‘I Have the Equipment, I Have The Knowledge.’ Pittsburgher Makes, Donates Medical Face Shields
Nick Drombosky didn’t set out to make face shields for health care workers. He just wanted to help his sister-in-law, a physician in the San Francisco Bay Area, find a company there who would be willing to manufacture them, using a design from the OpenFacePPE project.
Drombosky has worked in manufacturing for years – he owns a business creating reflective decals for cyclists – so he started reaching out to his contacts.
“No one wanted to produce this face shield,” he said. “People wanted to come up with their own design.”
OpenFace PPE is a collaboration of a handful of volunteer designers and the New York University COVID-19 Task Force, focused on face shields. The open source design isn’t quite as protective as what would be used in normal times, because it’s open on both the top and the bottom. Usually, medical face shields have a piece of foam that sits on the forehead, closing it off at the top. Drombosky said a lot of people in PPE design circles seemed get hung up on that fact.
“But when you talk to clinicians, they're just like, that's not our concern. We just need something to protect our face. We're already wearing goggles underneath, wearing a respirator underneath. This is more like a second layer of protection,” Drombosky said.
He said the OpenFace design is useful because it can be manufactured quickly, at scale, with a variety of equipment, using materials that are typically available. According to the project’s website, the masks can be made “using almost any flat material fabrication equipment (laser cutters, rule dies, drag knife, CNC punch, etc.), or even scissors and an office hole punch.”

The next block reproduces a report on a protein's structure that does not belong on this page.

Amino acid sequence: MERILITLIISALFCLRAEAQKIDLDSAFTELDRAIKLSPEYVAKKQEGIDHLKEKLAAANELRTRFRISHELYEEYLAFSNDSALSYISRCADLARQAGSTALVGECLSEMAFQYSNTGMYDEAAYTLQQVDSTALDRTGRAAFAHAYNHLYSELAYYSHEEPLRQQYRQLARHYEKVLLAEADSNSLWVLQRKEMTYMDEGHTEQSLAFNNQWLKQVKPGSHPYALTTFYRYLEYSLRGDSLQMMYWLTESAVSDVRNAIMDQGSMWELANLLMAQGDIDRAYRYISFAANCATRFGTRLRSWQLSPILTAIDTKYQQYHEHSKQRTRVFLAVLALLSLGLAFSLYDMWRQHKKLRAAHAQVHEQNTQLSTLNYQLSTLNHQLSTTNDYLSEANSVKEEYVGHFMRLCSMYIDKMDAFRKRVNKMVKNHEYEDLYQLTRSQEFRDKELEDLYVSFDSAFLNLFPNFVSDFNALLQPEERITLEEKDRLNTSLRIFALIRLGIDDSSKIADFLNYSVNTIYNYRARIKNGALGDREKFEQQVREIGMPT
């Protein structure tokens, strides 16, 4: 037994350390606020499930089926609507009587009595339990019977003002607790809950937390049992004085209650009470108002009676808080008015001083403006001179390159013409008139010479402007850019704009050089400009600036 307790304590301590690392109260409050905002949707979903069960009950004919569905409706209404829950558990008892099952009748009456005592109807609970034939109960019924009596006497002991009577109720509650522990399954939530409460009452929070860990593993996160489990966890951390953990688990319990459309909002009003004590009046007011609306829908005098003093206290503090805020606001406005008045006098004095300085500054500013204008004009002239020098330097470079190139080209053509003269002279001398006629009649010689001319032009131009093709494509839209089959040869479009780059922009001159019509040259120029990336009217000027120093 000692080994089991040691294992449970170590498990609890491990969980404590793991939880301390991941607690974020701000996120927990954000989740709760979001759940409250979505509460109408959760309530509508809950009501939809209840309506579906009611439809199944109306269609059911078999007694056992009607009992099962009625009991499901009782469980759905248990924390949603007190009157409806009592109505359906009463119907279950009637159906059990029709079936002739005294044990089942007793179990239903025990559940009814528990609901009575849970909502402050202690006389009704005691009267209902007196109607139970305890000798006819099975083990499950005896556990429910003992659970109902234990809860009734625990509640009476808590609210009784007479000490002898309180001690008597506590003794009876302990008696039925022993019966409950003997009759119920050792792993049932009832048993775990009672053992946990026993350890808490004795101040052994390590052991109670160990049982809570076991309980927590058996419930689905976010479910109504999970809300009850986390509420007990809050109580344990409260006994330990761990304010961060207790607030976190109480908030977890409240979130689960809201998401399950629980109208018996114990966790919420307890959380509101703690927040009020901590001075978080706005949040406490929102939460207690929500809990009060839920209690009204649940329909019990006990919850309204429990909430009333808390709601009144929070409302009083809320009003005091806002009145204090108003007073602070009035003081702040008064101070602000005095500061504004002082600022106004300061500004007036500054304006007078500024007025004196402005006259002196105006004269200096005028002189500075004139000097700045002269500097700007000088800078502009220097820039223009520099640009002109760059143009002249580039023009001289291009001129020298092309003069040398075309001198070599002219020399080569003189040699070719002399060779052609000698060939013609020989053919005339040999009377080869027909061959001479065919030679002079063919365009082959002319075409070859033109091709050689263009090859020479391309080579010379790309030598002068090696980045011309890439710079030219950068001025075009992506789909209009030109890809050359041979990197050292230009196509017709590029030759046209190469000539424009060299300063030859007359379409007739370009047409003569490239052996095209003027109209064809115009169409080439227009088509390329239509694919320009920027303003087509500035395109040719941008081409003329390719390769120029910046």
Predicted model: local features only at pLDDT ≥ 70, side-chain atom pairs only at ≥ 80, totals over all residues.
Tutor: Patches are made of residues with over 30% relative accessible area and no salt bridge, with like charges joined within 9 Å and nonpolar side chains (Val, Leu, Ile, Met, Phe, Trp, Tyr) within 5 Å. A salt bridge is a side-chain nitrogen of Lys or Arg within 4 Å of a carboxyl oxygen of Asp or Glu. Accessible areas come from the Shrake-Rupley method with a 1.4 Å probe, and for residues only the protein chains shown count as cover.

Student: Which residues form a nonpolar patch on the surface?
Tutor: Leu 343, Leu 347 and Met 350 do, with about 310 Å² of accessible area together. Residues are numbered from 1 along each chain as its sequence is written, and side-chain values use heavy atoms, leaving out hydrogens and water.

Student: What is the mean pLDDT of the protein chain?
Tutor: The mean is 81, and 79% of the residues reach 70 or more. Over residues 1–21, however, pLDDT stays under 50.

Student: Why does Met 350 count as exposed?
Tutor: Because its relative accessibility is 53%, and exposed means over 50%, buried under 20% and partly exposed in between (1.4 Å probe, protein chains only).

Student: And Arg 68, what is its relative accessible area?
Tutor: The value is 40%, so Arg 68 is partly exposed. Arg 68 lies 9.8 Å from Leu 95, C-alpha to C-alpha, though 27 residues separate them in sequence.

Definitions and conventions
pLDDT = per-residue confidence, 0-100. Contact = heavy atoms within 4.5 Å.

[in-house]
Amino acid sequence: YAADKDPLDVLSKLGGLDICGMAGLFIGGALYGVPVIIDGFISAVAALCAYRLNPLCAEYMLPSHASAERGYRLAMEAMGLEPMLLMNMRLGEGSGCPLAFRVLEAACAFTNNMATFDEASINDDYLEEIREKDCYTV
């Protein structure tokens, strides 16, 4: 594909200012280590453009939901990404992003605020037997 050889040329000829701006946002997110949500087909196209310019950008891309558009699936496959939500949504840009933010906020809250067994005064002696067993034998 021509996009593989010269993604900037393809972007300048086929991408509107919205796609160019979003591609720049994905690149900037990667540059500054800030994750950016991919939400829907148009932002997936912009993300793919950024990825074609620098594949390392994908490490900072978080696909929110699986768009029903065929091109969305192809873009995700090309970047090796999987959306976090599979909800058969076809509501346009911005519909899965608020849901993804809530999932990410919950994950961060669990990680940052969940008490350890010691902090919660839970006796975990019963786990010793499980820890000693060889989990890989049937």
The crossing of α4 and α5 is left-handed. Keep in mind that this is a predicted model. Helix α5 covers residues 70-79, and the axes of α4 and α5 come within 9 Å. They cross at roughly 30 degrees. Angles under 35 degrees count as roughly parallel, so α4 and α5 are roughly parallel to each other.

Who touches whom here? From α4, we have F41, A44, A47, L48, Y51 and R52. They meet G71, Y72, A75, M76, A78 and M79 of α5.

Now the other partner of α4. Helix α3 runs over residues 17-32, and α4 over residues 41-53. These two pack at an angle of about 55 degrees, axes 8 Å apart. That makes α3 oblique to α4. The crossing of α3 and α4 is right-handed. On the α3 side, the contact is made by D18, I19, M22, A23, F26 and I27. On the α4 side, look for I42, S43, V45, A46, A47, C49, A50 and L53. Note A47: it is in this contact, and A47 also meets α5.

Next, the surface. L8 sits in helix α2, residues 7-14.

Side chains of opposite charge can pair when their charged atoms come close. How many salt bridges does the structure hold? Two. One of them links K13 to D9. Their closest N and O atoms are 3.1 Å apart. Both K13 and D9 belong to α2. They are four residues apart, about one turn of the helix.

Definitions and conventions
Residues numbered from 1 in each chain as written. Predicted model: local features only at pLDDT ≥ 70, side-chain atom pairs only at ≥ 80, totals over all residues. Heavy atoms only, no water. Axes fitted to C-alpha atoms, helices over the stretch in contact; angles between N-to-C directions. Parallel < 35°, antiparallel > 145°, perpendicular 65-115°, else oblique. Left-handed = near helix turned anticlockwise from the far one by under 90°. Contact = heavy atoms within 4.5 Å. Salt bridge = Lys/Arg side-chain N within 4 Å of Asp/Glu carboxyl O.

When it became clear that Drombosky wouldn’t be able to find someone local to his sister-in-law to manufacture the design, he decided to do it himself, using a vinyl cutter in his basement in Pittsburgh. Over the last few weeks, he’s created hundreds of face shields and shipped them directly to medical workers all over the U.S. and Canada, for free.
He estimates that he’s sunk about $5,000 into the effort so far, and though he’s taking donations through his website, he said most of that has come from his own pocket. He said the reason he wanted to help comes from his own life experiences.
“I was an orphan in [South] Korea, and I was adopted and I got to grow up in in the United States … I think a lot of people, when you don't have that perspective, it's easy to not understand why people go out of their way to do things,” Drombosky said. “But for me, this is something that is relatively easy for me to do. I have equipment. I have the knowledge. People are in need … Health care workers have some of the most dangerous jobs in the world right now.”